Stable link to this page:

Getting Started with Github for Arctos

Why Use GitHub for Arctos?

I’d also like to echo the value of the community from a development perspective. A broader perspective seems to make EVERYTHING better. I can often build stuff that just works out of the box because a bunch of people with very different perspectives looked at it before we started writing code. The key to an extremely robust locality model seems to have been getting parasitologists and ethnologists in the same conversation. Rapid digitization of a paleo collection drew heavily from stuff developed for a herbarium. Etc ad nauseum. I don’t think there’s any remote possibility that any “traditional” group of collections or developers could have built anything like Arctos; it’s a synthesis of the community. ~ Dusty McDonald, Arctos Programmer

The tool we use to accomplish what Dusty describes above is GitHub.

How to Get Started in GitHub

Then select the “Edit profile” button on the left side of your profile page.

You can add a photo to replace the GitHub generated avatar, but it isn’t completely necessary. The most helpful thing you can do here is to add your name and institution so that everyone working with you in Arctos will know who you are.

Be sure to save your edits! Now you are ready to get to know GitHub!

GitHub Membership Levels and Permissions

Anyone can view, post, or comment on an Arctos Issue. You do not need special permissions to do this. Without special permissions, however, you cannot label an issue, close an issue, assign an issue to another person, or assign a milestone to an issue.

Arctos Users Team

Any active Arctos user may request permission to become a member of the Arctos Users team.

Arctos Owner Team

Arctos Owners have administrative permissions.

VertNet, TDWG, and other GitHub Repositories

If you want to receive notifications (e.g., data issues) from VertNet, TDWG, or any other GitHub repository, your GitHub account needs to be added to them.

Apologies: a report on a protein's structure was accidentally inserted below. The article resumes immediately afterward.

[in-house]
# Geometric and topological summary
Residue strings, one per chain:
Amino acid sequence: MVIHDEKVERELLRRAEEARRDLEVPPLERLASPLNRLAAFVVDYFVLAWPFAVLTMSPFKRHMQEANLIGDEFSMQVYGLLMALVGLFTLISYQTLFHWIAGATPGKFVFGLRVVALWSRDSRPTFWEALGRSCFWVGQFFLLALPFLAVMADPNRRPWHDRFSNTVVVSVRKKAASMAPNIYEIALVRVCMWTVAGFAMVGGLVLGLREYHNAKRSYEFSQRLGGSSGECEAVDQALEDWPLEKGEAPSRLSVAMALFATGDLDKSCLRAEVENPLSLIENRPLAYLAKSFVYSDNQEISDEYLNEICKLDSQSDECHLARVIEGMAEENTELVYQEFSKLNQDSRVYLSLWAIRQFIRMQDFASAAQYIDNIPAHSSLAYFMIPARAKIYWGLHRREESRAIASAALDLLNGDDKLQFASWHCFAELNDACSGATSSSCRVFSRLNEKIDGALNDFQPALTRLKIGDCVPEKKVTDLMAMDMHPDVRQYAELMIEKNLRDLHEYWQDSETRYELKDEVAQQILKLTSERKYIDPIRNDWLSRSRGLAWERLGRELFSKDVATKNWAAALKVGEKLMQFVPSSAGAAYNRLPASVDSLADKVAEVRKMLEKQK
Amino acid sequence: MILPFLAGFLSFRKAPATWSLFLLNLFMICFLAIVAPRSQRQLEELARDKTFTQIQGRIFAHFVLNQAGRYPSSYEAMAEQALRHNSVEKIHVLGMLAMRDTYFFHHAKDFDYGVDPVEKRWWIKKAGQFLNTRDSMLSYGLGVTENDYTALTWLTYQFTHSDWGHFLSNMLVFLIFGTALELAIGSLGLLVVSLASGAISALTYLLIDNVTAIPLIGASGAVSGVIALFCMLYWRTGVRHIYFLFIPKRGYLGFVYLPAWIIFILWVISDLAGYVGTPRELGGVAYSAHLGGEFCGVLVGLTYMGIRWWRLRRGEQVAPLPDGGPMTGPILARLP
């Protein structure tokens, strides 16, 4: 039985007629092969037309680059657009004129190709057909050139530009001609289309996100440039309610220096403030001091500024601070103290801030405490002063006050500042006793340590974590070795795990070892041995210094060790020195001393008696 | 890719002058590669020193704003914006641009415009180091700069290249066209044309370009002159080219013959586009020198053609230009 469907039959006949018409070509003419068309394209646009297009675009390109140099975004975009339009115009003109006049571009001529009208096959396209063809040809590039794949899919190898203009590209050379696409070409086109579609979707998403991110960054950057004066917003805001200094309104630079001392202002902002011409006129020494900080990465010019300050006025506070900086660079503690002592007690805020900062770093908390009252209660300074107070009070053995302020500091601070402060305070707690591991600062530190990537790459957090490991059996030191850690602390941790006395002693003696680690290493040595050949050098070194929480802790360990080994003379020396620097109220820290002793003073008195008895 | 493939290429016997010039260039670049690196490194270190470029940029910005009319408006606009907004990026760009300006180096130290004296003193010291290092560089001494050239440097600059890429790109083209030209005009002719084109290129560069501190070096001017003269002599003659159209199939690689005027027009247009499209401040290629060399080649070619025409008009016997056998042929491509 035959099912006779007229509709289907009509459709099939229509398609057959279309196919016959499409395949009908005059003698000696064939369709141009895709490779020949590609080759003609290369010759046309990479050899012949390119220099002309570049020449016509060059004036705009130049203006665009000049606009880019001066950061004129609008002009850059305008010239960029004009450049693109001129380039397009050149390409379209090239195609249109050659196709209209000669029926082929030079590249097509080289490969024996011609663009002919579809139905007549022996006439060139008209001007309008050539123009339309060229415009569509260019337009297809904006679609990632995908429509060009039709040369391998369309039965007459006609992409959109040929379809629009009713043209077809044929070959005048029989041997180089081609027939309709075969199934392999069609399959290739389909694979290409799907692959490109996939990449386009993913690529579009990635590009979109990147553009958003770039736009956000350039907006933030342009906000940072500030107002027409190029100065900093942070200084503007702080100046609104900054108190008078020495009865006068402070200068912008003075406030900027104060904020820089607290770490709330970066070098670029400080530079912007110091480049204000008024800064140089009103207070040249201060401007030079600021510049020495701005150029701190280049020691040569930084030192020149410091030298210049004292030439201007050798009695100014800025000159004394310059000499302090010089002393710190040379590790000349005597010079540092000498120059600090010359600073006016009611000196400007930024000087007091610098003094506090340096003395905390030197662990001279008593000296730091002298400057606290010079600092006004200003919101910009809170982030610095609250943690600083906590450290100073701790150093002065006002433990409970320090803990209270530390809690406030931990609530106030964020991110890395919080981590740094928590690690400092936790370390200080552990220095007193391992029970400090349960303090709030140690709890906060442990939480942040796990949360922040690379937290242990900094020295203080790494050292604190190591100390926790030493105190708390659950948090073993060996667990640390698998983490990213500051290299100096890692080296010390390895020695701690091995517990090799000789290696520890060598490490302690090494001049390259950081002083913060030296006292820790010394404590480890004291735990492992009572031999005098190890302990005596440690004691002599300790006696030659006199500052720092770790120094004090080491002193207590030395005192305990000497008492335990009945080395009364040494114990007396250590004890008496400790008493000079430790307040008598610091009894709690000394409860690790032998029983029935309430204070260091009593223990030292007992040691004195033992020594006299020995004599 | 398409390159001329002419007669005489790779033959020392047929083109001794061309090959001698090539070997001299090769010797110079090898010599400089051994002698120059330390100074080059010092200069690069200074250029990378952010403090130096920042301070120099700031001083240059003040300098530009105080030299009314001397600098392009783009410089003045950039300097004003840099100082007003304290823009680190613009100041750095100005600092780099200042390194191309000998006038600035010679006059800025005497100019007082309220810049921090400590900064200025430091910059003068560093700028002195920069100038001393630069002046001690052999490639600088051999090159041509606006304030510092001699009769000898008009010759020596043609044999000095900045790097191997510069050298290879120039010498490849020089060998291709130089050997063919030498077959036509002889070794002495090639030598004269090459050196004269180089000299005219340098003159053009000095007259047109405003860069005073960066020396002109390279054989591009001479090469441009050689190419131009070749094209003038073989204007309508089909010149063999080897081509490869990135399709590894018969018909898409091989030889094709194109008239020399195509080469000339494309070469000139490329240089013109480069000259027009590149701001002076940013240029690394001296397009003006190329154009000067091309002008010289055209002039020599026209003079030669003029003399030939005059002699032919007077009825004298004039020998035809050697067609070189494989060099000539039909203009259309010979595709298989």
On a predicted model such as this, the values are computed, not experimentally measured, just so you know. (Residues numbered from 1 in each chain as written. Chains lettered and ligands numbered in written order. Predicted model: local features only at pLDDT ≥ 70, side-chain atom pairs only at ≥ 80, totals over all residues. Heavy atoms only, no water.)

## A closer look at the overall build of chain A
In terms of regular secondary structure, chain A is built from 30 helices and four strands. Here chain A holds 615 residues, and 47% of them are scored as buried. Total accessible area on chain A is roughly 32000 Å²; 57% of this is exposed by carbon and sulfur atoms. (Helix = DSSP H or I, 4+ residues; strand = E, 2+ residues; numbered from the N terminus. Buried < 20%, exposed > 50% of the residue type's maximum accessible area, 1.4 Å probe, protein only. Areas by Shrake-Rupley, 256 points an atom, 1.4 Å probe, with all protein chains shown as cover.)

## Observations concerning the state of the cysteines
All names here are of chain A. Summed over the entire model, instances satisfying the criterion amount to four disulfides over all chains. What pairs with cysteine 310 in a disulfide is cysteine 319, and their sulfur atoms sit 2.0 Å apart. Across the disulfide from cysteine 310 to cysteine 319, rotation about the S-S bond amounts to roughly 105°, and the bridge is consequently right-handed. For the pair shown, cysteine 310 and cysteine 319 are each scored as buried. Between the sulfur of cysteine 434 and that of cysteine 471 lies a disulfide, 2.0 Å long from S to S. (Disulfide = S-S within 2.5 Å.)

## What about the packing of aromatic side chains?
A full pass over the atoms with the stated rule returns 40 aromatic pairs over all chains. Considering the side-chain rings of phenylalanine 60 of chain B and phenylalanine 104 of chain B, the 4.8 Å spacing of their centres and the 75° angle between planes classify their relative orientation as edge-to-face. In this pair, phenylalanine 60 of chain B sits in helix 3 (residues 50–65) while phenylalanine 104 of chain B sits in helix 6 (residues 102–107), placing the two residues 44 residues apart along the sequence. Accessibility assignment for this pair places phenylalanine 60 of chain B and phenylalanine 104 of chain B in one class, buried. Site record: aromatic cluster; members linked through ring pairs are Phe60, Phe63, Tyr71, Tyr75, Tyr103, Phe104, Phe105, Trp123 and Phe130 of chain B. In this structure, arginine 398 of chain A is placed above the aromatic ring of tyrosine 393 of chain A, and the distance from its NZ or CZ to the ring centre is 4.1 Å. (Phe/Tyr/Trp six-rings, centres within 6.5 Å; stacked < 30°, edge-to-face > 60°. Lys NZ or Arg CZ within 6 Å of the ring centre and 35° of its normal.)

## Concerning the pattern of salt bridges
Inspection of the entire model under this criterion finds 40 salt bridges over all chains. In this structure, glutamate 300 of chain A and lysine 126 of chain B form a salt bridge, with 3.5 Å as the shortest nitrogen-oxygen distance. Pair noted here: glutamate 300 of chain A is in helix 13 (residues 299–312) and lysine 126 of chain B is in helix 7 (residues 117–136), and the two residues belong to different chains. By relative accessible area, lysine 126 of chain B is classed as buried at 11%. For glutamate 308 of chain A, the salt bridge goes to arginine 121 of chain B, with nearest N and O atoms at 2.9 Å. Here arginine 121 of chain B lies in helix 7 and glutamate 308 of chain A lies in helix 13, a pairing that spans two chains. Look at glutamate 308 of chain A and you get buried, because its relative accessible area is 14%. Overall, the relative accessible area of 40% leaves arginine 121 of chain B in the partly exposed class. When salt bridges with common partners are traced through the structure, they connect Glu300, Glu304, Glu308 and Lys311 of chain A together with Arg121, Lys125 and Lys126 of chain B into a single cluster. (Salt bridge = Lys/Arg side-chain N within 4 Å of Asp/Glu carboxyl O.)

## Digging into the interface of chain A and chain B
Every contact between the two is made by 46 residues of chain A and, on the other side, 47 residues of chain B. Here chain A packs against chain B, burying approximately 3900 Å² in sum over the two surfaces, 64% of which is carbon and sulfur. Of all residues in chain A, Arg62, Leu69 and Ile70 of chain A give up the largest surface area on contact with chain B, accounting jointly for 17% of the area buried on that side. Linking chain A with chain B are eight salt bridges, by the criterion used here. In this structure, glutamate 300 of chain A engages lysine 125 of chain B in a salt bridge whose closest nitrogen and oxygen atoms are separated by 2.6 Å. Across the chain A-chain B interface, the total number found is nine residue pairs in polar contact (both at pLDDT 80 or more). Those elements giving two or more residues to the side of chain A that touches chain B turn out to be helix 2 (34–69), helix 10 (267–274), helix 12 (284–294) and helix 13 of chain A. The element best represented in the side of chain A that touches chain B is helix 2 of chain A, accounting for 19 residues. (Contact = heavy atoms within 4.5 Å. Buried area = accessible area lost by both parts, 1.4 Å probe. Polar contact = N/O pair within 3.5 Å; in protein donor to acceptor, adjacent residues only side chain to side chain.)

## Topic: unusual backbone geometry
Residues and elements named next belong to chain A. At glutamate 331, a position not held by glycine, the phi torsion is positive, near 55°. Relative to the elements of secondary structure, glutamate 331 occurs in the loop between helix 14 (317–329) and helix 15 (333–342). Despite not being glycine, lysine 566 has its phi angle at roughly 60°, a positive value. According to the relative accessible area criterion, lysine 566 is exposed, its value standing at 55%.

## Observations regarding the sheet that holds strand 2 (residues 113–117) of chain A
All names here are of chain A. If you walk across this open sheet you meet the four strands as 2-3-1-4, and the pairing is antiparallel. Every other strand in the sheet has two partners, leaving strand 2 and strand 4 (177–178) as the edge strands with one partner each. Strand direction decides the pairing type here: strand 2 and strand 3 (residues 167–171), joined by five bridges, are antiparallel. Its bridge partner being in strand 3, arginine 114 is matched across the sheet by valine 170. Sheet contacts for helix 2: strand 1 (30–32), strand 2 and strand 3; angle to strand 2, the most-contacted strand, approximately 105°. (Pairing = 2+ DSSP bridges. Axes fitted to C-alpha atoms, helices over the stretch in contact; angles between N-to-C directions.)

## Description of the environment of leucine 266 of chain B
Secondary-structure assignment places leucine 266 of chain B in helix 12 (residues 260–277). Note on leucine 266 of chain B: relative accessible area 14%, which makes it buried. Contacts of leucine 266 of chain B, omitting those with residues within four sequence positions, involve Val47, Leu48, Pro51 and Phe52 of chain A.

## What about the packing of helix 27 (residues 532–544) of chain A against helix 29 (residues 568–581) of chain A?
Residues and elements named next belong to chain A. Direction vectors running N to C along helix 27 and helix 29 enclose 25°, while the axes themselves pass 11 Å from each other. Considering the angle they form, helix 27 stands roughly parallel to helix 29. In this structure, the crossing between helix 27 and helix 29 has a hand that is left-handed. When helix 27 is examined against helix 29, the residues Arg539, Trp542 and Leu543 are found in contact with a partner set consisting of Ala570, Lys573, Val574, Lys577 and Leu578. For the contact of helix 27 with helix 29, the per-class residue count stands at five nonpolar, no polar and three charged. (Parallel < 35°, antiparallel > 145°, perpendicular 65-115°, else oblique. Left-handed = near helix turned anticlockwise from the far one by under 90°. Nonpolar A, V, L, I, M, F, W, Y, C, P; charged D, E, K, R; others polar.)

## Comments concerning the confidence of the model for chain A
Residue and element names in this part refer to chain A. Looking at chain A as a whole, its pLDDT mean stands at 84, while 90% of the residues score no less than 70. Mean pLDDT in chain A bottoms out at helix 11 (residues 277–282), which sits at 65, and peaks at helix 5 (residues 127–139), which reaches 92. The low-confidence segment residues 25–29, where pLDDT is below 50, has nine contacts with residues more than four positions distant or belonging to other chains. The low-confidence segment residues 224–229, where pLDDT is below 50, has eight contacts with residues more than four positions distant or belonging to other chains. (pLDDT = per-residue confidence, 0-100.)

Managing GitHub Notifications

Once you have created your GitHub account and joined the Arctos repository, you will begin to get email from GitHub. Because our GitHub is very active, the amount of email can be overwhelming. So, how do you avoid 100 emails a day but still stay in touch?

You can manage email notifications in your GitHub settings, which you can access from your account profile or directly from the dropdown next to your GitHub avatar on any GitHub page when you are signed in.

To learn about GitHub Notifications and how to manage your GitHub experience in general, we suggest you read Managing your notifications

Watching vs Participating

So, the most confusing part is knowing when I am part of the conversation or just receiving comments from various issues that don’t involve me.

For each repository in GitHub you can select a participation setting. The setting you choose helps determine what kinds of notifications you receive. To see your watch settings for your GitHub repositories: in your GitHub profile select settings > Notifications and the linked text “things you are watching” at the top right of the page.

You will see a list of all of the GitHub repositories to which you have subscribed. For each one, you can choose the types of notifications you receive or not based upon the watch status you assign.

TIP Web Notifications - Don’t get any email from GitHub

With a bit of discipline, you can avoid receiving any email from GitHub and still follow the conversation. In your GitHub profile, select settings > Notifications and change “watching” and “Participating” to “Web”.


THEN set a reminder in your personal calendar to review GitHub issues. To do this, select the little blue bell next to your avatar.


You will be rewarded with a list of unread notifications. You can peruse the list, read the issues that interest you and mark those that don’t as “read”. Depending upon the level you wish to participate, you might check once or twice a day or once a week, but less than that might mean missing out on contributing to an important conversation.

Using Arctos Issues

See How to Use Issues in Arctos

Devolping Arctos with GitHub

Developers who are interested in Arctos code can view it in the ArctosDB/arctos and ArctosDB/DDL repositories.

Editing the Arctos Handbook

See How to Contribute Content to the Arctos Handbook

More advanced users can check out How to get the most out of Arctos-Github

Edit this Documentation

If you see something that needs to be edited in this document, you can create an issue using the link under the search widget at the top left side of this page, or you can edit directly here.